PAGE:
In the case of one-to-many correspondence, the respective non-connected branches in outline are extracted and dilated to close in the gaps. Skeletonization and morphological reconstruction are applied again to split the regions into nucleus-bearing regions and non-nucleus-bearing regions. It is worth-mentioning that no extra splitting approach is used in order to get one cytoplasmic region per nucleic region. The reason is that the nuclei used for finding correspondence are themselves found to be affected by over-splitting and an attempt to forcefully split a cytoplasmic region despite the absence of outline would result in cytoplasm over-segmentation translated from nuclei over-segmentation. Moreover, our approach also helps in retaining the morphology of the multinuclear cell phenotypes.

Finally, region merging is performed to merge all the non-nucleus-bearing regions resulting from the previous step with the separated nucleus-bearing cytoplasmic regions. Candidates for merging are obtained by dilating the to-be-merged regions and finding the overlapping regions in the nucleus-bearing cytoplasmic regions. Since the cells in our image set are mostly convex, therefore, in the case of more than one candidates, the one which gives the largest solidity is chosen. The process is repeated for a couple of more iterations so that regions that do not have an overlapping cytoplasm initially, due to being away from a cytoplasmic region, may have one now due to their adjacent regions being merged with a cytoplasmic region in the previous iteration. In the end, morphological operations are performed to remove h-connectivity as well as 8-connectivity of the objects and to fill small holes in them. Block (C) in Figure 1 outlines the steps performed in post-processing to get the final segmentation result. Figure 3 shows the results of outline detection and post-processing for the segmented image of Figure 2.

thumbnailFigure 3. Outline detection and post-processing. Outline detection and post-processing. (a) An image after initial segmentation. (b) Resulting outlines (green) from classification of image pixels into outline/non-outline pixels. (c) Corresponding DNA-channel nuclei image, segmentation obtained from method in [6]. (d) Final segmented image after post-processing. The size of the image is 1040×1392 pixels.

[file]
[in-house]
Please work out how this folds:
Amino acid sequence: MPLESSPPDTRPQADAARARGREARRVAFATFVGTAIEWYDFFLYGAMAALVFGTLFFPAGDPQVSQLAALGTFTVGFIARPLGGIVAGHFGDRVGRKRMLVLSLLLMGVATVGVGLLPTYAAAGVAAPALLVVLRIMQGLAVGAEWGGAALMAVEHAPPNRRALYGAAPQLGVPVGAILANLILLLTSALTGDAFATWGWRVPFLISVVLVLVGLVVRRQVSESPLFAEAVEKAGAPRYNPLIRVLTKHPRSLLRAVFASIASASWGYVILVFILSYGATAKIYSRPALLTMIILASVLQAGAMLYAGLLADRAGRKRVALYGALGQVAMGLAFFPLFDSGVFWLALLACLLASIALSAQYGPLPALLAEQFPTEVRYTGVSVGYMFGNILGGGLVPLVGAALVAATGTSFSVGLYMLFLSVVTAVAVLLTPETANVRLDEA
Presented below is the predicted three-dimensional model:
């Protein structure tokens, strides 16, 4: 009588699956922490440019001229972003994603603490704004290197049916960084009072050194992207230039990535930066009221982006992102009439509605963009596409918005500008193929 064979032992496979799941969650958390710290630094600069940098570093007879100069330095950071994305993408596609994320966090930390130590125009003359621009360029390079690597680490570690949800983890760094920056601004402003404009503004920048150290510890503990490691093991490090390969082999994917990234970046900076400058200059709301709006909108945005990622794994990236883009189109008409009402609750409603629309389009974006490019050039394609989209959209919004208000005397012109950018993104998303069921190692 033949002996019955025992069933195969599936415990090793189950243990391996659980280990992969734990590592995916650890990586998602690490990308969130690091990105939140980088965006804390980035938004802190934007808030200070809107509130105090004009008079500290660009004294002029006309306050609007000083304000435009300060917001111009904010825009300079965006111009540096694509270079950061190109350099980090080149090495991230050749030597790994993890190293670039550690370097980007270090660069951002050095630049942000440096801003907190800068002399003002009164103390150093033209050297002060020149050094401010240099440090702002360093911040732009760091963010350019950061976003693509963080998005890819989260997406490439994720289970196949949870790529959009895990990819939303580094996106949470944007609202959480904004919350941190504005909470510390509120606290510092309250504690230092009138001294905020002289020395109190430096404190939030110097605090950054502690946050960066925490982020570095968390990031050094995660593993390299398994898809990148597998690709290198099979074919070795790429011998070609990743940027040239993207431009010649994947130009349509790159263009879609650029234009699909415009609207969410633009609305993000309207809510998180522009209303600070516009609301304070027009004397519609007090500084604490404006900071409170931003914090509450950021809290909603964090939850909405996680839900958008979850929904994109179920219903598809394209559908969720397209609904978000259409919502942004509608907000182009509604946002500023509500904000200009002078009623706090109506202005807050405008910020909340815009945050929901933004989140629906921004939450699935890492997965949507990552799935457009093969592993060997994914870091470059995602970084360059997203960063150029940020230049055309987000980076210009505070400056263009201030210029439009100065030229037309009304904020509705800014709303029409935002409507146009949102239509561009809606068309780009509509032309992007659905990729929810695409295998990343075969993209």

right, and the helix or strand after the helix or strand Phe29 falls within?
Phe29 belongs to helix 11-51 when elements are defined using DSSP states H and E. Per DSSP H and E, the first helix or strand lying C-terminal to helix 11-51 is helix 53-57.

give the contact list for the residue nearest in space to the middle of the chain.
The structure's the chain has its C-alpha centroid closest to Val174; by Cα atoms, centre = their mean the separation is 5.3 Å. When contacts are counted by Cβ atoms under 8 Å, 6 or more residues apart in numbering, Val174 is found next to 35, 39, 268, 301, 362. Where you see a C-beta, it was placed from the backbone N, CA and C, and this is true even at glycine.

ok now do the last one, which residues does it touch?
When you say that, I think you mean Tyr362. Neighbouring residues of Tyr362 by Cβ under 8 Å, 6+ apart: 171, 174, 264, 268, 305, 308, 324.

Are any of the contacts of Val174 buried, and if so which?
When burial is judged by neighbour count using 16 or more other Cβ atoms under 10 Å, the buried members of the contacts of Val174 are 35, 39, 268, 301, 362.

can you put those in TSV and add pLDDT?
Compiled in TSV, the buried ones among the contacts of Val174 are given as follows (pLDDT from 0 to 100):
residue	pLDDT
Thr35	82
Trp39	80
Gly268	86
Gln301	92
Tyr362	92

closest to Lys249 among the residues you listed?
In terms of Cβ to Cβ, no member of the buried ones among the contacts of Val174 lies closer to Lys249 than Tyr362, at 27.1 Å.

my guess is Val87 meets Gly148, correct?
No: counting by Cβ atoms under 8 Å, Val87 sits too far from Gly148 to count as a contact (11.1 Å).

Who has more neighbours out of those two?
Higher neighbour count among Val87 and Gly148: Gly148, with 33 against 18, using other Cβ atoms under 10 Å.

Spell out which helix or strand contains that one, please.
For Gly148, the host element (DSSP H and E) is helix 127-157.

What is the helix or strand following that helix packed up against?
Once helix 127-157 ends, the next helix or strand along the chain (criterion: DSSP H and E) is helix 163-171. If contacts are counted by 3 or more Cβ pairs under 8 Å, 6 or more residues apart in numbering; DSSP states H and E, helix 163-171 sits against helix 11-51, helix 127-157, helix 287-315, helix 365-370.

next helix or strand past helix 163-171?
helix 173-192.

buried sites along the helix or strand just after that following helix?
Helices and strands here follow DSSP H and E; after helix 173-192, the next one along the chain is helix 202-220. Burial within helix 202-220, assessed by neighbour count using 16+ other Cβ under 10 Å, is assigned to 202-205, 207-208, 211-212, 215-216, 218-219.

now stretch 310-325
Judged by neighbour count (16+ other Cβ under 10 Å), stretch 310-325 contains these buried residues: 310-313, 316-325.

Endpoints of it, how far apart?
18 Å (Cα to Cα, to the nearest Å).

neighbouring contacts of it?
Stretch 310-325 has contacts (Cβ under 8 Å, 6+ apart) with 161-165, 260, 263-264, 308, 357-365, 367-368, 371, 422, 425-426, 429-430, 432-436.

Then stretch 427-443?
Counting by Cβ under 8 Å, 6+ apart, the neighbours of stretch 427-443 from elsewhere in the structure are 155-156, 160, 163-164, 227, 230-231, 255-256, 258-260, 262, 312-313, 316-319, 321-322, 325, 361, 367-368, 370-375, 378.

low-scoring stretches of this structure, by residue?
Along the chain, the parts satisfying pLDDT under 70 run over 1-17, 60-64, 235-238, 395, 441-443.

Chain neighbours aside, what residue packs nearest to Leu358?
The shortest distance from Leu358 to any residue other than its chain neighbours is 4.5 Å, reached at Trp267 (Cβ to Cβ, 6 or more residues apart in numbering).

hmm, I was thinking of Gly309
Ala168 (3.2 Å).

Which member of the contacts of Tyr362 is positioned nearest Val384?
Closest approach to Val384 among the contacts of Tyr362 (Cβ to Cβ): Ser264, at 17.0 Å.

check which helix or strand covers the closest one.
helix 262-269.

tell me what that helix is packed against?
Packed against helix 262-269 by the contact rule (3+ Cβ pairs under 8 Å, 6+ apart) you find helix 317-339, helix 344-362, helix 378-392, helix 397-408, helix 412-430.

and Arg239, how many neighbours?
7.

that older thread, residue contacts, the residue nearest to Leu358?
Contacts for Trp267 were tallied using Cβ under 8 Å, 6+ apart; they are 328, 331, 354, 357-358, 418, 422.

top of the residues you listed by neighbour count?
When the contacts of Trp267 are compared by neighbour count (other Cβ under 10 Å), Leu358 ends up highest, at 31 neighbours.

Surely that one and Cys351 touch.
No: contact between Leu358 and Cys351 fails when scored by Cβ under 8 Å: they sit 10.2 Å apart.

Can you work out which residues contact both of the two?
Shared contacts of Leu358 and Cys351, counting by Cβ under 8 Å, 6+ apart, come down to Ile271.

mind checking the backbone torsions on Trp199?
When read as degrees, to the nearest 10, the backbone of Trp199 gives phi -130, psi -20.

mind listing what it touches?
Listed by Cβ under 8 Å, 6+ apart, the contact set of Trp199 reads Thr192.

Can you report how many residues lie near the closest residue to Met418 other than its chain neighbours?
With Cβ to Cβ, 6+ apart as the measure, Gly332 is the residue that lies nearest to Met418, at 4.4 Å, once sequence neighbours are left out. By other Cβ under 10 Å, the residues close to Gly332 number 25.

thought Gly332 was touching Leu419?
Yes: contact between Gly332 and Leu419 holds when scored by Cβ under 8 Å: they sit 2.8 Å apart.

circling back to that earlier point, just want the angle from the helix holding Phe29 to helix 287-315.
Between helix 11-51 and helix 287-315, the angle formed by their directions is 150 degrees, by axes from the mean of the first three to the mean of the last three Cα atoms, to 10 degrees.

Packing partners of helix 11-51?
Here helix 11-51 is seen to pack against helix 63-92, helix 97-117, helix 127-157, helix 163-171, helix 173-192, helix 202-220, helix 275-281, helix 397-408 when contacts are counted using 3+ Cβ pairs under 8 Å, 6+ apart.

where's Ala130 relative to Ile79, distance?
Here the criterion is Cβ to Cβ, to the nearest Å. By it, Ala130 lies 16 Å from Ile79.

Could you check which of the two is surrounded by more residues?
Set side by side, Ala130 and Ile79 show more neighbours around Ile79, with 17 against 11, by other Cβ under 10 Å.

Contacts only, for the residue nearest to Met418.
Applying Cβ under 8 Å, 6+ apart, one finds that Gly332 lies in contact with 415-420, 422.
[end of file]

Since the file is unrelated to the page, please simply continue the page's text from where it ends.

Results and discussion

To study and analyze the performance of our segmentation methodology, we test it against two challenging test cases. Both of them consist of image sets of different cell types with cells of varying size, shape, texture and degree of overlap. The first case is challenging in the sense that it contains images with high cell density with large variation in the shape as well as in size of the cells. The second test case is more of a validation case because it not only contains images from publicly available dataset with ground truth benchmarking, but it also presents an altogether different set of images from the first test case. This enables testing the generalization of our framework. The challenging aspect of the second case, similarly as for the first case, is that the cells are such tightly clustered with virtually no indiscernible boundaries that even accurate manual segmentation is sometimes impossible. Moreover, in both the cases, the extensive variation in signal strength, intensity inhomogeneity and low contrast make the segmentation task even more challenging.

Image acquisition

The details about the experimental settings to perform image acquisition for compiling the dataset for Test Case I and Test Case II are given below.

Test Case I

Experiments were conducted in a 384-well plate format imaging HeLa CCL-2 ATCC cells using Molecular Devices ImageXpress microscopes (10× objective; 9 sites per well, Channels DAPI: DNA, GFP: pathogen, RFP: actin) with robotic plate handling. The objective was 10X S Fluor. Image binning was not used. Gain was set to low (Gain1). Laser-based focusing was enabled and image-based focusing was disabled. The dynamic range was set to 12 Bit Range. Z-Offset for Focus was selected manually and AutoExpose was used to get a good exposure time. Manual correction of the exposure time was applied to ensure a good dynamic range with low overexposure, when necessary. The size of each image is 1040×1392 pixels. Manual benchmark creation was performed by biologists where cell cytoplasm outlines are drawn. Due to the presence of multinuclear phenotypes, there are few cases of multiple nucleus per cytoplasm. Five images containing around 550 cells were taken which were representative of most of the problematic cases not solved well by a widely used method from [32].

Test Case II

In this test case we use images of Drosophila melanogaster Kc167 cells which were stained for DNA (nuclei) and actin (cytoplasm). "Images were acquired using a motorized Zeiss Axioplan 2 and a Axiocam MRm camera, and are provided courtesy of the laboratory of David Sabatini at the Whitehead Institute for Biomedical Research. First, nuclei were outlined by hand. The nuclear outlines were overlaid on the cell images, and one cell per nucleus was outlined" [33]. There are 16 images in the dataset with size 400×400, 450×450 and 512×512 pixels, containing cells of around 25 pixels in diameter with an average of 80 cells per image. The motivation for using this image set primarily comes from its public availability and benchmarking. Also, these images provide challenging segmentation tasks which have also been worked upon previously, such as in [16,34,35]. This helps in examining the proposed method in comparison to the results obtained from these state-of-the-art methods.